Proposition For New Jail Stirs Community Passion

Judy Kramer
County Reporter
Close to 40 people attended the latest town hall meeting on the new jail, March 22 at Lincoln High School. The gathering included Benton County Commissioners, members of the Jail Committee, Sheriff’s Office personnel, representatives from HMN Architects and L. J. Hart & Co., and interested members of the community.
Presiding Commissioner Michelle Kreisler hosted the meeting, and explained that the current plan for a new jail is a result of valued recommendations from the community and Sheriff’s office, as well as input from HMN Architects, and L.J. Hart & Co. (financial structure). She said there are two major revisions from the jail plan that was voted down in 2016. First is a reduction in cost from the previous $12.5 million to the current plan for $10 million.  The site of the new jail has also been changed from the square in Warsaw to 620 E. Main, just down the road from Salon 86 and Warsaw Chiropractic. There were two possible options for the new location, and the one chosen on Main Street held the advantage of saving money on sewage and water.
The interior/exterior of the planned facility was displayed in a video presentation at the meeting. Sheriff Eric Knox discussed details of the different parts of the building, noting that there would be “no meat on the bone,” just what is necessary to keep detainees and employees safe. The building is state of the art, turnkey, and has a fire suppression system. It will have room for all those being held plus room for expansion within the building, in the future. Sheriff Knox said that this is important to make sure that our investment will last 50 to 100 years.  He gave an example of another county that built a jail to take care of its current population, and didn’t plan on expansion at a later time. Five years later, another bond issue had to be passed to add on to that fairly new building. 
There will be many additions to what is currently available in the old jail, including a large kitchen, meeting room, and evidence room, plus more offices, report writing areas and interviewing spaces. It will be possible to use the meeting room weekly for hearings, as well as training sessions. There will also be a medical space, where outside medical personnel may be able to treat detainees in the future.
The addition of a recreation area where detainees can exercise and get fresh air from grated windows high on one wall, eliminates the need for an outdoor recreation space with razor wire. A sally port is available so that detainees can be securely transported into the building and be released from a locked vehicle when the outside doors to the building have been closed. A control room, manned by an employee around the clock, seven days a week, will have a view of all areas and can lock and unlock doors when and where needed. 
Sheriff Knox stressed the importance of having the ability to segregate violent criminals from less dangerous ones in the new facility.  There will be two-bed pods for the more violent offenders, and a dorm setting for others. Currently, there is only room for 20 males and 8 females in the jail and no place to segregate the violent offenders and those accused of lesser crimes.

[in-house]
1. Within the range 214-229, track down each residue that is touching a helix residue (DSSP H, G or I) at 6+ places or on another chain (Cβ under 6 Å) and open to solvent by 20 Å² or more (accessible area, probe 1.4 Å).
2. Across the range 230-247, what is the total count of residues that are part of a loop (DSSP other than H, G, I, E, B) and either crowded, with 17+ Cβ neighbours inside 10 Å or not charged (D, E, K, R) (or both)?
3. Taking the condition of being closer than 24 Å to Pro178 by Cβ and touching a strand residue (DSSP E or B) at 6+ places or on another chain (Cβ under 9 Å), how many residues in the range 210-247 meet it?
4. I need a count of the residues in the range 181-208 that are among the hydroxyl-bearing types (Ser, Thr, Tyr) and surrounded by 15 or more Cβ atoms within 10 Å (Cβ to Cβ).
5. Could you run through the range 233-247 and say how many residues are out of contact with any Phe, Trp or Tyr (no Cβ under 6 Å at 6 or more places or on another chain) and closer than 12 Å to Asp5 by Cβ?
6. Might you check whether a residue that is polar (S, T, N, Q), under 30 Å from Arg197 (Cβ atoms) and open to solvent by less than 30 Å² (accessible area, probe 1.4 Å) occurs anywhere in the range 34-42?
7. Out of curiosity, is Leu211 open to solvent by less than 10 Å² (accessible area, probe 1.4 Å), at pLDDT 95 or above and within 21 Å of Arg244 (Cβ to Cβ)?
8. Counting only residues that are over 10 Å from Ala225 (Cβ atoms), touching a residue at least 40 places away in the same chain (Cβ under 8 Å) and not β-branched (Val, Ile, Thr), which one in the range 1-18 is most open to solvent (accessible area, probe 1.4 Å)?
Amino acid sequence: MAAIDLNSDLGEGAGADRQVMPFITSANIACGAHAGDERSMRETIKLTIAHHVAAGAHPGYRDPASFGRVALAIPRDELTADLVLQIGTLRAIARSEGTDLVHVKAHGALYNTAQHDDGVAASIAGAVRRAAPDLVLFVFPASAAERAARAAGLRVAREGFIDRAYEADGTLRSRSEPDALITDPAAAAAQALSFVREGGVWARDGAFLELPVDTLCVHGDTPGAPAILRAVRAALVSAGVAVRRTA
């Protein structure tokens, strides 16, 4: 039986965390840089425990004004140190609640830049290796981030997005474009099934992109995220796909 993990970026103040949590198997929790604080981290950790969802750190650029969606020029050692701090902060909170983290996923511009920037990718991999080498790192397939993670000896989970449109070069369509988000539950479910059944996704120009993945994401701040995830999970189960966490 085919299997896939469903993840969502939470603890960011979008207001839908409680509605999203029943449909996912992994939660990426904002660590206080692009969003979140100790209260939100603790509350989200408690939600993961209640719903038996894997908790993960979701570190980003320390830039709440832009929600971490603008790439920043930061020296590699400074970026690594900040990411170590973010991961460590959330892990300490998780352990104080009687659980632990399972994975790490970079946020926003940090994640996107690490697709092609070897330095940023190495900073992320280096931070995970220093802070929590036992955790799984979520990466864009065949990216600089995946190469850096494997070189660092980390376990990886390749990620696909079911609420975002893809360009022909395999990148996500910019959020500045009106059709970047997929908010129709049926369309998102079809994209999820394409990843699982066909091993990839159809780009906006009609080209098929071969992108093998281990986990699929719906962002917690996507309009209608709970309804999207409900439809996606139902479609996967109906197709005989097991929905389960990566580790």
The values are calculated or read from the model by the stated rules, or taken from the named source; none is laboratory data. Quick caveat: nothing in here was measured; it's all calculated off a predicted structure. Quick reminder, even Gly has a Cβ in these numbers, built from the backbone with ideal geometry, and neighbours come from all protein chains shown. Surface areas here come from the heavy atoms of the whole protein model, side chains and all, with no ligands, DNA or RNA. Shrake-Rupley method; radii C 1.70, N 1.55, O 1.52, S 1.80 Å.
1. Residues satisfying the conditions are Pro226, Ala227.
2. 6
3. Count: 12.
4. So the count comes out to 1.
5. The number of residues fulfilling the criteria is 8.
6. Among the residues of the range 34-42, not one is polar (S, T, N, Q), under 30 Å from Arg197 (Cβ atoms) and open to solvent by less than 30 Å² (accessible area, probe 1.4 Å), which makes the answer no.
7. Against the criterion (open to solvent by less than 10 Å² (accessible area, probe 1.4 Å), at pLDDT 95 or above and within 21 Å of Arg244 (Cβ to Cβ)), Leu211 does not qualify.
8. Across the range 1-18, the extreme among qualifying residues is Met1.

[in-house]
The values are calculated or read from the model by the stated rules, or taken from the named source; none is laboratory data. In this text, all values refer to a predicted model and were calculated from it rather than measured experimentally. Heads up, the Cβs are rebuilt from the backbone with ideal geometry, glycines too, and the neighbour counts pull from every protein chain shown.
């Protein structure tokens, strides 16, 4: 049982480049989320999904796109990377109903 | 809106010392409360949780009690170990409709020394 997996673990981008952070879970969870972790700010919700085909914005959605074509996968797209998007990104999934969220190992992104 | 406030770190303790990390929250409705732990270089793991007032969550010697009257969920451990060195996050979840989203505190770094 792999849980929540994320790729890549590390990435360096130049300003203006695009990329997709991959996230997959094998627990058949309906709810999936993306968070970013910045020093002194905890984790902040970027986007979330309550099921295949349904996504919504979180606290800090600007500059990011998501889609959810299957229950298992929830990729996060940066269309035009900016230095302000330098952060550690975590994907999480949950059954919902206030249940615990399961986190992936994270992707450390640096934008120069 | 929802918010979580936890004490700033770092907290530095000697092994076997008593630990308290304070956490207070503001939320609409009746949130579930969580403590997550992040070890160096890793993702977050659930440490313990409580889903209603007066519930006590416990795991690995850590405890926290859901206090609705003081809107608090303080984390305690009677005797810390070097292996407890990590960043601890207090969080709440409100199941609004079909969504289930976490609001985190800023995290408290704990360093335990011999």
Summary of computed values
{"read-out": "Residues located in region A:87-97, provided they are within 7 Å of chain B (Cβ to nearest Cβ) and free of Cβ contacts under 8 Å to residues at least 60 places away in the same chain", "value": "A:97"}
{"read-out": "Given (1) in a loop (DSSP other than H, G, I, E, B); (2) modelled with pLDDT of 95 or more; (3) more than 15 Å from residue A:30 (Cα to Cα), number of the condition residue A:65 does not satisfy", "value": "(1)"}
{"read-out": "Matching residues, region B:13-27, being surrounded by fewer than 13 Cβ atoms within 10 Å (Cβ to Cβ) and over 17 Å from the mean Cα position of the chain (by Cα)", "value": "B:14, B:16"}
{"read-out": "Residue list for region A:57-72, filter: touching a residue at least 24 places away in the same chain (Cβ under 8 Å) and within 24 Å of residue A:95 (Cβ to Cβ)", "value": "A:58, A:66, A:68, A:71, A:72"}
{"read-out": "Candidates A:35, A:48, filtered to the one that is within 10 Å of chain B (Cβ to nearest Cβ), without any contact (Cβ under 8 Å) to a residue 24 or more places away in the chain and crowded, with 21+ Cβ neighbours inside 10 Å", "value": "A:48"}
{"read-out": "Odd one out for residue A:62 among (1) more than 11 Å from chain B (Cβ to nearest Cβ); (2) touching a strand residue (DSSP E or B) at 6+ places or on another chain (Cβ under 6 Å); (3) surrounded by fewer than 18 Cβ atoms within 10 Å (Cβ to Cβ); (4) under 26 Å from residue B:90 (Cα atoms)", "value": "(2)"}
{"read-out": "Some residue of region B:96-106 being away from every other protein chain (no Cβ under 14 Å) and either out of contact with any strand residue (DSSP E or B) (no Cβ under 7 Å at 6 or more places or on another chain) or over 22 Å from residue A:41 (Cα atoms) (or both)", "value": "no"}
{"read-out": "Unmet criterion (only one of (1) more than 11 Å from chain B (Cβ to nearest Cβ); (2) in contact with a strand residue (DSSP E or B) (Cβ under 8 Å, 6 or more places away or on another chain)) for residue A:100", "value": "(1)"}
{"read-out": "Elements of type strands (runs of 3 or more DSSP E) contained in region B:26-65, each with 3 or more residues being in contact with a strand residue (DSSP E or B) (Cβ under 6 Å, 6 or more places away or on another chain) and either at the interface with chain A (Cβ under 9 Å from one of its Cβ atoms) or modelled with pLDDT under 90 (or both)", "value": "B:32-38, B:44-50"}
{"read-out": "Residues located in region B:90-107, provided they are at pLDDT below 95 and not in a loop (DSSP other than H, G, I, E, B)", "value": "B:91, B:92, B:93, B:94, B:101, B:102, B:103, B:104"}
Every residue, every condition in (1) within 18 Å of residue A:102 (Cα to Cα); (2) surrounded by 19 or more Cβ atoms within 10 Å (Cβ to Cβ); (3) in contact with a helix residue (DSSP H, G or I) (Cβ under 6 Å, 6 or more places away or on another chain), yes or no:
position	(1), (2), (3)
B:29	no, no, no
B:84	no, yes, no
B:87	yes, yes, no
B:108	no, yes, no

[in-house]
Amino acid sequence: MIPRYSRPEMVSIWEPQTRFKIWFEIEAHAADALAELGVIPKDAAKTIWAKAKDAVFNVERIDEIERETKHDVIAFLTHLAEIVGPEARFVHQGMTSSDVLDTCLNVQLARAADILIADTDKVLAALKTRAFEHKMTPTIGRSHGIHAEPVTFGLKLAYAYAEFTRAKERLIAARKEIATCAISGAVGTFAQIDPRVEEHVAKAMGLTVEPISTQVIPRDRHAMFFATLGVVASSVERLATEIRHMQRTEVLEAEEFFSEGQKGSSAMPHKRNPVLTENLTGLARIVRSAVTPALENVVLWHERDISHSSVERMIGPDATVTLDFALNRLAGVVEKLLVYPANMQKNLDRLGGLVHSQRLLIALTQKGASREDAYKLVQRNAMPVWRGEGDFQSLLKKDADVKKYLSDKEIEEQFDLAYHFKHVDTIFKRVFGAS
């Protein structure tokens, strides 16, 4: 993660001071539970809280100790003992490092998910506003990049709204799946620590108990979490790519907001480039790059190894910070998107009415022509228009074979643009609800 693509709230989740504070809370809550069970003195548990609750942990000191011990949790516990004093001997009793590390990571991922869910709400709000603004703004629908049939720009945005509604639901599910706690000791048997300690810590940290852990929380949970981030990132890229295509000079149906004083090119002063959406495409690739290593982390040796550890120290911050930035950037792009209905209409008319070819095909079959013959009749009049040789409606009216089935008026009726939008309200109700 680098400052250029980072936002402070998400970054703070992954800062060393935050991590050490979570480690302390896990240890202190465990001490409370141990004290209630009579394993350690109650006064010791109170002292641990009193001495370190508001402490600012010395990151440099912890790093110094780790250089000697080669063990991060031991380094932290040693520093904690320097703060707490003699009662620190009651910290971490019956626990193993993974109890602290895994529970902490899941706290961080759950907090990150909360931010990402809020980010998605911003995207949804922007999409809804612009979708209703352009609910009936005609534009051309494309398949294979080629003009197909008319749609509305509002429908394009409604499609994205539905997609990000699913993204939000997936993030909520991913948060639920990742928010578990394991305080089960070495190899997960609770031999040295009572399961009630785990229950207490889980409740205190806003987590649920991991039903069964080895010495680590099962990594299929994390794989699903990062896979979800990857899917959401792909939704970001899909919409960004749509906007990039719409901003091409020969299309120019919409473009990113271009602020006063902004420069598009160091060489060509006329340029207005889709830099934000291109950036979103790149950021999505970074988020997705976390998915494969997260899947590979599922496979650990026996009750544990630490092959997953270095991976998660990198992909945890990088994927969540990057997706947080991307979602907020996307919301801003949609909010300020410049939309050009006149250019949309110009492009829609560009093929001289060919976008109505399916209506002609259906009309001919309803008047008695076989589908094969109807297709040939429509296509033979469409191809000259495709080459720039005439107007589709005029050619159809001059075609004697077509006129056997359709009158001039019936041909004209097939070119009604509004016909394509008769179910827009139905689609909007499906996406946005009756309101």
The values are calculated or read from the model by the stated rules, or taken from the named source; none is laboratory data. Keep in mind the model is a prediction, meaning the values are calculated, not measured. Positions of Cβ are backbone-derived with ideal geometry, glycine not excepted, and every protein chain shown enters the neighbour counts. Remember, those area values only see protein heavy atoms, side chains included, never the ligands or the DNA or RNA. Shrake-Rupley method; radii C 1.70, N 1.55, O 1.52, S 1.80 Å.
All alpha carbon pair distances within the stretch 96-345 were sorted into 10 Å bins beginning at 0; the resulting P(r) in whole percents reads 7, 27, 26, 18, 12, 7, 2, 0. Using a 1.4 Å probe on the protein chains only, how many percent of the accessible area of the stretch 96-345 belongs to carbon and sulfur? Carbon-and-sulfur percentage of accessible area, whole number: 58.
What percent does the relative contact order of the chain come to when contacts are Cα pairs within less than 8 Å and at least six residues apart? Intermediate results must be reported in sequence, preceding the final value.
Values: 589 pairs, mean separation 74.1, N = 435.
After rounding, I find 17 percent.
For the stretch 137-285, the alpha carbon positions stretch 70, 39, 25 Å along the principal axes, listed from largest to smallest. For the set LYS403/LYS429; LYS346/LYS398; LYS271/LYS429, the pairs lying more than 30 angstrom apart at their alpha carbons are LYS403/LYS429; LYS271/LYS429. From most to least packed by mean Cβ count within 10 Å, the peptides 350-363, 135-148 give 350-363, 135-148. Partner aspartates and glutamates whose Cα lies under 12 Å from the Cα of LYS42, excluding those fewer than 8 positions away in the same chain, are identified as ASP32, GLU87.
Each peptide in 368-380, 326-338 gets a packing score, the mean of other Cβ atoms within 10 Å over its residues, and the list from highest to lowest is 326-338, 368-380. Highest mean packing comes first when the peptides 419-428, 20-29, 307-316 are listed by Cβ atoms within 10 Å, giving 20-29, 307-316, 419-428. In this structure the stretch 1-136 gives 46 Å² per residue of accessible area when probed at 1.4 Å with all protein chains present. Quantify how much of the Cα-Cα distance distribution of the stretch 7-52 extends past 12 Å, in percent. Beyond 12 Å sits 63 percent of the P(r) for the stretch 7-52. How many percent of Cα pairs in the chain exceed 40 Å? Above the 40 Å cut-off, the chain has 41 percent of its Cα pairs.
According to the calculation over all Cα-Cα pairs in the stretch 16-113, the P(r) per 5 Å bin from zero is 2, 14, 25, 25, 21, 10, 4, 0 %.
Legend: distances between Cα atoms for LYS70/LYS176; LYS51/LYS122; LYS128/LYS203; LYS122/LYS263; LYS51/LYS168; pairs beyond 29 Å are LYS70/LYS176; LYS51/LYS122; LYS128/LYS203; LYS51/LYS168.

Overcrowding at the current jail reached a high point in 2016 of 58 detainees, and 41 in 2017. Those who cannot be housed have to be taken to out-of-county jails at a cost of $40 to $50 each, per day, plus the cost of transportation. Deputies often have to take time away from patrolling in order to transport prisoners.
“We currently have no facilities for pregnant women, and we had to remove three regular detainees in the past to make room for one with mental issues,” said Knox. “We also cannot put those accused of civil violations in with the rest of the jail population. The new jail will have housing for 80 with expansion possible to 100, ensuring that there is space for segregation as needed.”
 Knox said that there has been little growth in Benton County since 2007, and it is expected that growth in the future will be slow. Therefore, there should be enough space in the new jail to carry us forward for many years.
One of the questions for Sheriff Knox at the end of the video presentation concerned the possibility of paying off the cost of the new facility early. The sheriff replied that it might be possible to lease as many as 20 beds to other counties and bring in extra funds to be used for that purpose. Another question was asked about what would happen if the current jail was closed down before a new one could be built. Knox said that detainees would have to be housed out of county, but Benton County would still have to have a facility of some kind to house detainees during their court dates.
Funding for the new jail is dependent on passage of Benton County Proposition 1. Voters will be asked to impose a county-wide sales tax in the amount of one-half of one percent for a period of 21 years from the date on which such tax is first imposed for the purpose of operations and paying for the construction of a new jail for detention facilities and administrative office space for the County Sheriff’s operations. According to research performed by L. J. Hart and Co. on Benton County sale taxes, more than half of these taxes are and would be paid by tourists.
Larry J. Hart said that if Proposition 1 is passed, his company would offer bonds in $5,000 increments to local banks and investors before going elsewhere. Interest on these bonds would be exempt from state and federal income tax. He offered information about the cost of building a new jail now compared to the cost of building one a few years in the future. 
“In a few years time, construction costs will probably rise as well as interest rates, and the price tag for the same style facility would be more expensive,” said Hart.